Pohnpei Port Pilots agree to continue work for 20 days while PPA board considers their demands

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By Bill Jaynes
The Kaselehlie Press
March 23, 2017
Pohnpei—In a letter written by an attorney representing the Ship pilots that service the Pohnpei Port, the pilots threatened to go on strike as of March 3 unless an agreement for better compensation could be reached. They later decided to continue work pending a hearing that took place on March 10. After that hearing they agreed to continue their work for 20 days to give time for the Board to render a ruling on their demands.
The services of Pohnpei’s pilots are required to help bring in the large ships that supply vital supplies to Pohnpei such as fuel, groceries and other supplies.


At issue is a new proposed contract for piloting services proposed by PPA (Pohnpei Port Authority). The new contract would be for the same percent of revenue share that the operators grudgingly agreed to five years ago according to a letter dated February 27, 2017 from Ramp & Mida Law Firm which is representing the pilots. PPA proposed to again take 60 percent of the pilotage fee and give 40 percent to the pilots who perform the service.
The letter asking for a public hearing on the proposed contract said that when the pilots began operating in 2000, the fee share was 90 percent for the pilot and 10 percent for PPA. Sometime in 2012, PPA changed its regulations and contracted pilots were only able to collect 40 percent of pilotage revenues while PPA took 60 percent of those fees. Independent pilots received only 30 percent of pilotage fees collected for vessels entering the harbor that required a pilot.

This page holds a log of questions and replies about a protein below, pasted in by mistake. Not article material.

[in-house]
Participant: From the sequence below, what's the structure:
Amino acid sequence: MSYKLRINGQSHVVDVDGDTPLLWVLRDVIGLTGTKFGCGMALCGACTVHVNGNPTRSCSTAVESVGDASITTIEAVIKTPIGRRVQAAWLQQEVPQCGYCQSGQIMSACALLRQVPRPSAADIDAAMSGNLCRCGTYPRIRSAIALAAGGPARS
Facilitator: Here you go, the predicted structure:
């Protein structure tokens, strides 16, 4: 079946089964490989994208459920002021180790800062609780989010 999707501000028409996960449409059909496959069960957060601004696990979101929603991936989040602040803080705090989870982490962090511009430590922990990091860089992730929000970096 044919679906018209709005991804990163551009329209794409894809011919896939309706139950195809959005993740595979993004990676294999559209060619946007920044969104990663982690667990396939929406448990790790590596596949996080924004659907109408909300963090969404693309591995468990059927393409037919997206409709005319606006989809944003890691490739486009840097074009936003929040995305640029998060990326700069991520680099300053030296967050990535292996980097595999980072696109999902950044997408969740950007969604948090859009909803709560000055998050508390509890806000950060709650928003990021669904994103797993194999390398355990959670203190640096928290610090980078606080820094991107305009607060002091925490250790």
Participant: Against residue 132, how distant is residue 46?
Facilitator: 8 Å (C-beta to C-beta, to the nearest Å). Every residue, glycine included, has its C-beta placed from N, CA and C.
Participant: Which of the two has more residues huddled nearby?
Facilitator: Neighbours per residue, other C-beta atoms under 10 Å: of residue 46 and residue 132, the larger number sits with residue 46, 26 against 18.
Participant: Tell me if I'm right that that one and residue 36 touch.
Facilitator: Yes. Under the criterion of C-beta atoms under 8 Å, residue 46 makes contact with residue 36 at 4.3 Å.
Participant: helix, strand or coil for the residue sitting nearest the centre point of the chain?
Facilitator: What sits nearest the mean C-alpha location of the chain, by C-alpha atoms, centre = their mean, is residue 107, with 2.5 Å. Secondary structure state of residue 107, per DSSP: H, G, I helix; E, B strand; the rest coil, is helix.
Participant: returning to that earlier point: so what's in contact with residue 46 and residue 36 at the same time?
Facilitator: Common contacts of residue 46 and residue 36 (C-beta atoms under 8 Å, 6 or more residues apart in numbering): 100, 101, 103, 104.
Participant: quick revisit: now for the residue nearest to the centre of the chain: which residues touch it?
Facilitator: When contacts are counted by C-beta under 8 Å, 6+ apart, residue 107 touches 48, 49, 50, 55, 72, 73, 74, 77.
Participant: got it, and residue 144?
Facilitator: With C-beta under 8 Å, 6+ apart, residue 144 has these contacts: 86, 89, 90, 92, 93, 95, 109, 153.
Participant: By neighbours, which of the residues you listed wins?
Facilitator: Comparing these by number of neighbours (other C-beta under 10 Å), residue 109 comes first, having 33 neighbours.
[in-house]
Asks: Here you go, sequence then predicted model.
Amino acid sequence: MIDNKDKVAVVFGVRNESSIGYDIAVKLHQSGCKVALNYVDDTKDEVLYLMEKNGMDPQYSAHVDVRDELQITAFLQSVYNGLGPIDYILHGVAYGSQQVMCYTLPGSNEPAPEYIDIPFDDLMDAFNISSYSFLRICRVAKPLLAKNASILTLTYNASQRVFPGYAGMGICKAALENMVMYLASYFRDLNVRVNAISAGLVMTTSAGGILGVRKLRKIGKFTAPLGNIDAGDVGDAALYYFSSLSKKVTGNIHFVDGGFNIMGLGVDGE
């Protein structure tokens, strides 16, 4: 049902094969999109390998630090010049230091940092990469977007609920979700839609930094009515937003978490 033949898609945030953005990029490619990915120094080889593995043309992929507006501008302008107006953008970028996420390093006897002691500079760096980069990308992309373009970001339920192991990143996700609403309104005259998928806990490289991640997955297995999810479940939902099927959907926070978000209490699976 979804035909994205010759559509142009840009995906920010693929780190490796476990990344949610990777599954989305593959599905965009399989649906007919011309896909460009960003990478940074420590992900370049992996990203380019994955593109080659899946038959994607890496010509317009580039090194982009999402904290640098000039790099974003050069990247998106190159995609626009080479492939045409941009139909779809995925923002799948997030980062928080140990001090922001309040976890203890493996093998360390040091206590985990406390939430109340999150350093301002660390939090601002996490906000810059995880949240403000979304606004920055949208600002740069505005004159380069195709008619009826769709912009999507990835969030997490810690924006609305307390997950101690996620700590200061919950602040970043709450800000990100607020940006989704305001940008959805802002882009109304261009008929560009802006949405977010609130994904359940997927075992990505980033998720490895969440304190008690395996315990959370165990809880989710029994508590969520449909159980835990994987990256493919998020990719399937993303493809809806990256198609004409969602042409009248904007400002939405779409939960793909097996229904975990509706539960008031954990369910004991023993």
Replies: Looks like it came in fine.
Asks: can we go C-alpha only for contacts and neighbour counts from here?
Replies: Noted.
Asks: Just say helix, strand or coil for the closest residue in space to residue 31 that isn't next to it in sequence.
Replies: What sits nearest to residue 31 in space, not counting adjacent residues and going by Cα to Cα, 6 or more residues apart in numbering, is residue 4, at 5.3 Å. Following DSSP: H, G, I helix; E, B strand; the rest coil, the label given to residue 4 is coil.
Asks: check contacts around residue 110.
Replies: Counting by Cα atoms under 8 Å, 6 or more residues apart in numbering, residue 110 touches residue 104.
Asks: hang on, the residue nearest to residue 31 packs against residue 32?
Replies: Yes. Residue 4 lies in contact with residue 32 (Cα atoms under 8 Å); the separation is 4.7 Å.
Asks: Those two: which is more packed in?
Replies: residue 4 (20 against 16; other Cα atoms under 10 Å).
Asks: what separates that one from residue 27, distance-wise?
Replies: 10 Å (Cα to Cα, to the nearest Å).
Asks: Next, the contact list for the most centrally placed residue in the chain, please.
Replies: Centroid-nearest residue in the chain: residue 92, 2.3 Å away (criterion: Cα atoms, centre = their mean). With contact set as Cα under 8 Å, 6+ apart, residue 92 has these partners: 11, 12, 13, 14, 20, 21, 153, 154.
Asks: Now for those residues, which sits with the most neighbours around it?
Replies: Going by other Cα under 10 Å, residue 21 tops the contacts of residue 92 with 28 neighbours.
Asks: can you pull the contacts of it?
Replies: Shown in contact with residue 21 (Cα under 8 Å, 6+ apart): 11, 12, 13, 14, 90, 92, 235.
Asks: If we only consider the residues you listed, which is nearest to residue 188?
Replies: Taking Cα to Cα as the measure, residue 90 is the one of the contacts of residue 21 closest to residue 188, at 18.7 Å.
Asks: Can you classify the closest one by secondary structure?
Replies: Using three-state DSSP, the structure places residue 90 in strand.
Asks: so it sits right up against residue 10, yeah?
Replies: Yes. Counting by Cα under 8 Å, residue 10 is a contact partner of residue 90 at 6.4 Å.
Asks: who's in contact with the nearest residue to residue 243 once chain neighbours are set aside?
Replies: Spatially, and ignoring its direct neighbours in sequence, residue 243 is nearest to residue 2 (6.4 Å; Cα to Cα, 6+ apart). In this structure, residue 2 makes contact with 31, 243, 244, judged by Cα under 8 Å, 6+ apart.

According to the letter, the contracts have all expired and all pilots have been receiving only 30 percent of pilotage collections since the contracts expired.
“Anyone can challenge the regulations of the port,” said Port Manager Pius Roby. “Friday’s meeting was a hearing to challenge the Port’s regulations. After the hearing, the Pilots agreed to continue work for 20 days while the board considers its response.”
The letter reminded the PPA Board that pilotage is a highly skilled profession, rife with liability. It says that the new proposed contract requires the contractors to indemnify the port for any liability that might occur while the pilots provide their services, leaving the Port itself with no liability. Further the contractors must independently supply for their own health insurance and tax burdens. It said that while, during the last five years the pilots were obliged to provide services under the 40-60 allocation, it has begun to cause an undue hardship on the operators, “as the risks they continue to undertake as part of their profession are outweighing the compensation received by their efforts.”
“The Pilots take great pride in providing an essential service to PPA and to all vessels entering the Main Harbor of Pohnpei. However, the current allocation between PPA and the Pilots for pilotage charges does not adequately reflect how essential this service is to Pohnpei State. PPA has the power to amend, modify or waive the current regulation dictating that the Pilots receive forty percent of the charges for pilotage service. The Pilots formally request that this policy is changed back to the original division of charges, with ten percent of the charges being retained by PPA and the balance being remitted to the Pilots,” the letter says.
On March 23, PPA’s Board Chairman, the Honorable Rosa Willy Hawley said that he felt confident that PPA and the pilots could come to some sort of agreement.